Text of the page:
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Could our culture of presenteeism be preventing more companies exploring the benefits of agile working?
What is presenteeism?
This is the term used when employees feel that they need to be present at their place of work. Individuals will turn up for work whether they are feeling ill, anxious or disengaged. But why do they feel like this? It may be because they have fears over their job security, fears about looking lazy, worries about a heavy workload or concerns over a reduction in pay.
Presenteeism denies the individual the time needed to recover and may exacerbate the problem.
Research has revealed that some employees believe that managers consider those present in the office to be working harder than those working remotely and that working over their contracted hours may lead to promotion.
What is agile working?
This flexible approach to working is based on a culture of improving ways of working. It embraces two main structures: the hours worked and the location.
Business and social trends have changed significantly in the past decade and the advances of digital technology have broken down the barriers allowing employees to work outside of their workplace and the regular 9-5 working pattern.
Agile working ensures that your customers get the best possible service, improves the wellbeing of your employees, helps to retain key staff, attracts a wider talent pool, increases productivity and reduces an organisation’s carbon footprint.
Furthermore, an agile company can react to change quickly and effectively through the continual development of individuals and taking a more fluid approach to roles and resource. This allows individuals to bridge gaps should a key player leave or step up to support a new project.
Why presenteeism can be a problem
Presenteeism is a threat to productivity as employees who feel like they must be seen to be present in the workplace can quickly experience burnout. These employees are likely to turn up during periods of ill-health (both physically and mentally) and frequently start their day earlier than needed, stay late and feel reluctant to have their full allocation of breaks.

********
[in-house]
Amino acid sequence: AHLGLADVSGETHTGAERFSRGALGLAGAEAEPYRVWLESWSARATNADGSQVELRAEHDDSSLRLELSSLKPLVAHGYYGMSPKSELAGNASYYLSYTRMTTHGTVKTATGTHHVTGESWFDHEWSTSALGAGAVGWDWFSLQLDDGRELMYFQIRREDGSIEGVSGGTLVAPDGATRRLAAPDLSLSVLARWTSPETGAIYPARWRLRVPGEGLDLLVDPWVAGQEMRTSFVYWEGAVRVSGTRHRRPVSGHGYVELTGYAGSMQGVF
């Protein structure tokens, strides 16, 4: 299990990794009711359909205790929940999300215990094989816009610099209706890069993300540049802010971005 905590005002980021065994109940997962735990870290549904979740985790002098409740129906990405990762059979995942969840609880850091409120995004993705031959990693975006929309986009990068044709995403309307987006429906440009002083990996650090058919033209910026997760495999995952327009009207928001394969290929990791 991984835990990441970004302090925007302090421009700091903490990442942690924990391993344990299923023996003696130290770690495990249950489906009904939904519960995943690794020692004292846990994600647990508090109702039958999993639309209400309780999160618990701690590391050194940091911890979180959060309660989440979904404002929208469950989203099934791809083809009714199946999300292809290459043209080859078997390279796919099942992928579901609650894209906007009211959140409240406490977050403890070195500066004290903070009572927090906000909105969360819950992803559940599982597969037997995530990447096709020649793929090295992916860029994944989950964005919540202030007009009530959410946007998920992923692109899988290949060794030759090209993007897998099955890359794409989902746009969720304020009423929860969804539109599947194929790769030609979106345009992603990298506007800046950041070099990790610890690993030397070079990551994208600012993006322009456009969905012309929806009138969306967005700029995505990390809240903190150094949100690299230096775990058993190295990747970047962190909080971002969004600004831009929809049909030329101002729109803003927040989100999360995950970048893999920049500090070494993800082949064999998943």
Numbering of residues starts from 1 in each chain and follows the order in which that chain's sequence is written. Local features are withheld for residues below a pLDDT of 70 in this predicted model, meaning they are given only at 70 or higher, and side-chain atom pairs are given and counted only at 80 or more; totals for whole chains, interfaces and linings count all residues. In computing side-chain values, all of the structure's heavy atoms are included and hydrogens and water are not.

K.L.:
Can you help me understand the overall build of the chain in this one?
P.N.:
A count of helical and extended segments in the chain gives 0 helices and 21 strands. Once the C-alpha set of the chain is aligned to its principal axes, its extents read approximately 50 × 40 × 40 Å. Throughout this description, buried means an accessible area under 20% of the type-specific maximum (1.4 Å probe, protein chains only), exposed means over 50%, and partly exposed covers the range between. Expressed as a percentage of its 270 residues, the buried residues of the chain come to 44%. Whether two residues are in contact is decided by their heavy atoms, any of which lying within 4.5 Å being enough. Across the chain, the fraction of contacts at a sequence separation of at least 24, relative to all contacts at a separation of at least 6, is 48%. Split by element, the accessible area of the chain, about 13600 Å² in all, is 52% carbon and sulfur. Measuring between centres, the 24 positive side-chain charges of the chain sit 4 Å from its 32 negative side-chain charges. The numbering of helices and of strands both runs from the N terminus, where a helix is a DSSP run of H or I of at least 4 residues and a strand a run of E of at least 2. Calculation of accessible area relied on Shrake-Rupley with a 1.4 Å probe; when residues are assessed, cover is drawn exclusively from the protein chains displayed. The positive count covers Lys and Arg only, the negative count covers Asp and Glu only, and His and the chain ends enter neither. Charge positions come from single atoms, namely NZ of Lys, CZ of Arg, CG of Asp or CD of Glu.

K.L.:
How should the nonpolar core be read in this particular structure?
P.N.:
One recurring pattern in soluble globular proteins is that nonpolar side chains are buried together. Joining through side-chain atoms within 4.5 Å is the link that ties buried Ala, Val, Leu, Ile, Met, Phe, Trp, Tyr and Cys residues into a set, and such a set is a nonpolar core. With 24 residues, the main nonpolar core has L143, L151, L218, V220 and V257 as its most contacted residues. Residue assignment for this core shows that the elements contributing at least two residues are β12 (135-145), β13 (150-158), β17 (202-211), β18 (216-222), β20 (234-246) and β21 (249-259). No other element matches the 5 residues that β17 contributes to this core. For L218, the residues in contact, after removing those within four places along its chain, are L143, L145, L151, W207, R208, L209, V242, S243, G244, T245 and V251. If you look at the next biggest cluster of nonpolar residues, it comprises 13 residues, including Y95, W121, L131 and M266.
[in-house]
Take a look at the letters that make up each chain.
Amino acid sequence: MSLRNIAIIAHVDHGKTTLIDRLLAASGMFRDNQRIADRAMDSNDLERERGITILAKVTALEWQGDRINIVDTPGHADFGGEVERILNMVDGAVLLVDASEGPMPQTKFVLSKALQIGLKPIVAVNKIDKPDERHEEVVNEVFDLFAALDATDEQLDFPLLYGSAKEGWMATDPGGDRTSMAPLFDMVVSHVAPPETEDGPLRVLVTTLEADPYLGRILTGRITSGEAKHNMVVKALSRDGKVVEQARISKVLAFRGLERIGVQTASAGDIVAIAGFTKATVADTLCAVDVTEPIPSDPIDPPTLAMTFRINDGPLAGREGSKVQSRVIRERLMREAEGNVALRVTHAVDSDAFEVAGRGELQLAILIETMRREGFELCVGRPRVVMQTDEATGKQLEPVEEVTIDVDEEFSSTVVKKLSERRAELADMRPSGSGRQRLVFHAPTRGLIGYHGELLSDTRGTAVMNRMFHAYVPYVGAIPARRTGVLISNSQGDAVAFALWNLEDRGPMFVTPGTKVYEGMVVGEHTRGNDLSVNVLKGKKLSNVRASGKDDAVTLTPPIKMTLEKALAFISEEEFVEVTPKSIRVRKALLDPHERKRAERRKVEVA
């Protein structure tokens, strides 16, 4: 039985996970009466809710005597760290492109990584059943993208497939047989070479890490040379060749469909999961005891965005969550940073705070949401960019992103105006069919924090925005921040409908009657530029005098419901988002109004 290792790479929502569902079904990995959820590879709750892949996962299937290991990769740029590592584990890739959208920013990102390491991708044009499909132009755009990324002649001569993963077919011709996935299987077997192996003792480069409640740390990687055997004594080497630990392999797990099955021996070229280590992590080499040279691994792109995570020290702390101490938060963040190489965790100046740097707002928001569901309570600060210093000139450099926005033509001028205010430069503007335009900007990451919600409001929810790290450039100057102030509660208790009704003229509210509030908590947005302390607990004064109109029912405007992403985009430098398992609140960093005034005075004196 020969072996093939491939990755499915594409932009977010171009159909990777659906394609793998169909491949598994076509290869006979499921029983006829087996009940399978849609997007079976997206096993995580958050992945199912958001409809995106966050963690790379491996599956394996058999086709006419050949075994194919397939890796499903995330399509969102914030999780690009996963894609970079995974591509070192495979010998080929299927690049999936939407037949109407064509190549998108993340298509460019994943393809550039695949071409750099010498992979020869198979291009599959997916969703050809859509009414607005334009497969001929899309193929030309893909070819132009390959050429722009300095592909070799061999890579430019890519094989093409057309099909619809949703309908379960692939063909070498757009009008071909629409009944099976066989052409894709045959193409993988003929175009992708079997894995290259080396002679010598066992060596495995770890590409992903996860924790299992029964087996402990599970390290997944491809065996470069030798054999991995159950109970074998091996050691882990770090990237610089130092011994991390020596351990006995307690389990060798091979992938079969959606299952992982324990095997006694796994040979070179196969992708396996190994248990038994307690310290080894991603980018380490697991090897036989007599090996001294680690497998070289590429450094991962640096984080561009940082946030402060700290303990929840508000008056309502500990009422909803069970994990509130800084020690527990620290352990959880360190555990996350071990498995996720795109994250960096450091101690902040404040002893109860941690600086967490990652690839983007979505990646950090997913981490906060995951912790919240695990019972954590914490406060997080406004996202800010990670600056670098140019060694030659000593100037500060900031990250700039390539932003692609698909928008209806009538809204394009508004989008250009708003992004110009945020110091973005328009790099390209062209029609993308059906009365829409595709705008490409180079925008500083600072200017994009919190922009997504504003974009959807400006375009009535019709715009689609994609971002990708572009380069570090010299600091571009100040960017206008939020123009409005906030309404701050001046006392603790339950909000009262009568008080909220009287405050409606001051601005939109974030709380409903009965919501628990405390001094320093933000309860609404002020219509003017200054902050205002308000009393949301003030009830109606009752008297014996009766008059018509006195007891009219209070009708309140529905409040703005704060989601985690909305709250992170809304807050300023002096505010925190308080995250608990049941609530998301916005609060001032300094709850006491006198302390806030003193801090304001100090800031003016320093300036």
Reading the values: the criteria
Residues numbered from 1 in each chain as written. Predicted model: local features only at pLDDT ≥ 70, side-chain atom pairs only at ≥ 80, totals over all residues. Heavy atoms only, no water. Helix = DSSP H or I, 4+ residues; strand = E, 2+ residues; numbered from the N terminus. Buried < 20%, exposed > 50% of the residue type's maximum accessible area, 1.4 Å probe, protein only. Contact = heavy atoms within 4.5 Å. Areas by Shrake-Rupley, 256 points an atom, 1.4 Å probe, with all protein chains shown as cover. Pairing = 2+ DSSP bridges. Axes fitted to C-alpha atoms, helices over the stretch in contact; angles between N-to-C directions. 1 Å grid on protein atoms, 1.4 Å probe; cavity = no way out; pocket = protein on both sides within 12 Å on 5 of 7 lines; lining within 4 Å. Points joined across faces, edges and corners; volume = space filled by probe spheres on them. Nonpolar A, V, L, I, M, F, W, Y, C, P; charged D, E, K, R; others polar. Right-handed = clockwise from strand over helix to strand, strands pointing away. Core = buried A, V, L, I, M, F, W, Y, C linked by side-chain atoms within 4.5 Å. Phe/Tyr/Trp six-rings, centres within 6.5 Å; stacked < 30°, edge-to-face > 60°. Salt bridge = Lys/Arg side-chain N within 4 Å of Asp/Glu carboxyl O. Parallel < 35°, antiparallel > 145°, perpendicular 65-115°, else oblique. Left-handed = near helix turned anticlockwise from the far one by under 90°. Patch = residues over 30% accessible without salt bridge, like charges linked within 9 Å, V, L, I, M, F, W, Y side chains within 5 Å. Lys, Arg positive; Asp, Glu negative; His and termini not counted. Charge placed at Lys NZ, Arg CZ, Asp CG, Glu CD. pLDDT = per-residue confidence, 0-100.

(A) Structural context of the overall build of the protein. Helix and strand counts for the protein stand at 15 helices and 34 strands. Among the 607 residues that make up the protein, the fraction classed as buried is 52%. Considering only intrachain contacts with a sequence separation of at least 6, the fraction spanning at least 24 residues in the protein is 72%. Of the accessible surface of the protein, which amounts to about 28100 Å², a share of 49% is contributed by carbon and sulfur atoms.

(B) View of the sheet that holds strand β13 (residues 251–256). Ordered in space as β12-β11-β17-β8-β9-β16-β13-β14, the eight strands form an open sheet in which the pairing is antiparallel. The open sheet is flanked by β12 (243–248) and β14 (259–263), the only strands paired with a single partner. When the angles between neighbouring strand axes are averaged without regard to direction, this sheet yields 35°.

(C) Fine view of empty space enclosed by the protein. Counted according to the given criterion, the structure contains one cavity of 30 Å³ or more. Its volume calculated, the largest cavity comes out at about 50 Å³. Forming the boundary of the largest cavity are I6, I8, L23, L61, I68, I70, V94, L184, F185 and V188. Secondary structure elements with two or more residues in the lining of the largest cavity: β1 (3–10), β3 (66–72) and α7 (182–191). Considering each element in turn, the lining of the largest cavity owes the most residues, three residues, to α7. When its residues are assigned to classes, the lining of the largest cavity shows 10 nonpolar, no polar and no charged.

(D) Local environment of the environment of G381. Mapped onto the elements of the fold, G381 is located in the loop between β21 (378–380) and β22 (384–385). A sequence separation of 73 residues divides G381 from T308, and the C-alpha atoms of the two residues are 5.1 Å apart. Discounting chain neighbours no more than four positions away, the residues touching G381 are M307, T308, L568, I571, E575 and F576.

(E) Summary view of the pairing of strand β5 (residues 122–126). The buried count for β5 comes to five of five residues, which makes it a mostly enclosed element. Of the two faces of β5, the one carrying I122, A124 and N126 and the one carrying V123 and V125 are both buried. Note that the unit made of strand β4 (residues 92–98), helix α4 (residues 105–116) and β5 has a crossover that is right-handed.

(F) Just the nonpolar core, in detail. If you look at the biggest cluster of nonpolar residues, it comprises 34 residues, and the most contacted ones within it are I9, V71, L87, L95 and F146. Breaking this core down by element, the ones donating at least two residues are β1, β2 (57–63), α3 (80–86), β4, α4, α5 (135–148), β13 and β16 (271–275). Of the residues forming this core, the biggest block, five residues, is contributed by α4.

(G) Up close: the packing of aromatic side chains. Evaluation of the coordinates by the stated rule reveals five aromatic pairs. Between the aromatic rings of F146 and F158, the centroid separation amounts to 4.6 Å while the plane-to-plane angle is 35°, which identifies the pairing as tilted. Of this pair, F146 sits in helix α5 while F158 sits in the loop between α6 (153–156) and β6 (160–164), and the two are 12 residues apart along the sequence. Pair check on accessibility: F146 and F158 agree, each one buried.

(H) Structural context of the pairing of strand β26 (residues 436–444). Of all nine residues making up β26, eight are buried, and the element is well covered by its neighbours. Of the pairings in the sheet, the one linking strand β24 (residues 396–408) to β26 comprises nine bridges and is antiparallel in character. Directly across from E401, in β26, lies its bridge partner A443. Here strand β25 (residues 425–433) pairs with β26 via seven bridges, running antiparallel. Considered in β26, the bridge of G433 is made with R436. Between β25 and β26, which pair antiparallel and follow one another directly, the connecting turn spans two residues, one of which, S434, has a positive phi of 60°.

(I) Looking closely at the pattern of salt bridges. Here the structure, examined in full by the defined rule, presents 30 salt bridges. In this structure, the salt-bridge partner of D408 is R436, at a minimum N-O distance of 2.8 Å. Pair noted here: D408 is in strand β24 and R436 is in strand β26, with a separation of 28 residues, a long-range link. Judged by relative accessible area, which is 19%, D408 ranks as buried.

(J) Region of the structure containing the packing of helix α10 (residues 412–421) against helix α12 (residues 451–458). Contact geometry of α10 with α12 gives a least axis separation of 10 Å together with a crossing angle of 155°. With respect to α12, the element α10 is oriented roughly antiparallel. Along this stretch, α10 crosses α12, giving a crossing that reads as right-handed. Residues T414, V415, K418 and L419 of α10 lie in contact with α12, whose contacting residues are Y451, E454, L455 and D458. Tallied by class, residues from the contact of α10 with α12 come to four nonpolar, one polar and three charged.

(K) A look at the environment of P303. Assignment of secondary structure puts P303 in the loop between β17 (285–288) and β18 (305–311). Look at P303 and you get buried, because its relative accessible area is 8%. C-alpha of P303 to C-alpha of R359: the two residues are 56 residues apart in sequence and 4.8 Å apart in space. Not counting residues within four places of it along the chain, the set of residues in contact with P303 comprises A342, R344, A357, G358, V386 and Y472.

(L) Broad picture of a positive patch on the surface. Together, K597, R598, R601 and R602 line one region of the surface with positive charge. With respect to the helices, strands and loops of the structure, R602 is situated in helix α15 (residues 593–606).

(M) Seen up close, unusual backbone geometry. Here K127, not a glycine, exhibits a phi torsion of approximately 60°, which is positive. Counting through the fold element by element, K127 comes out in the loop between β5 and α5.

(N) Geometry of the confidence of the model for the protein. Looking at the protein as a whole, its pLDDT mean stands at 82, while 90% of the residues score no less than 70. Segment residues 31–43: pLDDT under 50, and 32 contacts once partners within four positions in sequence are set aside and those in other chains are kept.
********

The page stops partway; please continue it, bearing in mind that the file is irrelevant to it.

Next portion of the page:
Poor morale and illnesses are equally infectious meaning that a culture of presenteeism can actually cost businesses more than the impact of absenteeism.
Why agile working can be a problem
There is a real problem that those who work remotely often feel that they still need to be ‘seen’. This may result in the employee starting work earlier than their contracted hours just to send emails and respond to emails later than usual simply to prove that they are working hard.
Trust and responsibility
The issues with presenteeism are clear and tangible, but what about the issues surrounding agile working? Creating an agile-friendly culture is not just about creating new policies or procedures it’s about changing mindsets and behaviours.
Ensure your company’s sickness and absence polices are available to all employees and regularly reviewed. Create a supportive workplace culture where employees know how and who to ask for help.
Introducing wellbeing initiatives that include flexible ways of working is key to help change mindsets and drive an organisation towards a more agile way of working.
Off sick or working from home?
This question may be familiar to many Managers: “I’m not well enough to come to work, can I work from home today?”
It’s perfectly feasibly that someone is not fit to get into the office but still able to do work at home, albeit with reduced productivity, and asking to work from home can be appropriate. However, the employee should be challenged and not encouraged as working from home when unwell may become perceived as normal practice putting pressure on those who are genuinely too ill to work from home.
When an employee is off sick through self-certification or a fit note they cannot work from home as this is a breach of an employer’s care of duty. The employee must be classed as off sick or working from home – it cannot be both.
We’re Here To Help
If you think your organisation is ready to become more agile our HR professionals are here to help you achieve your goals. Simply give our friendly team a call on 0161 941 2426.
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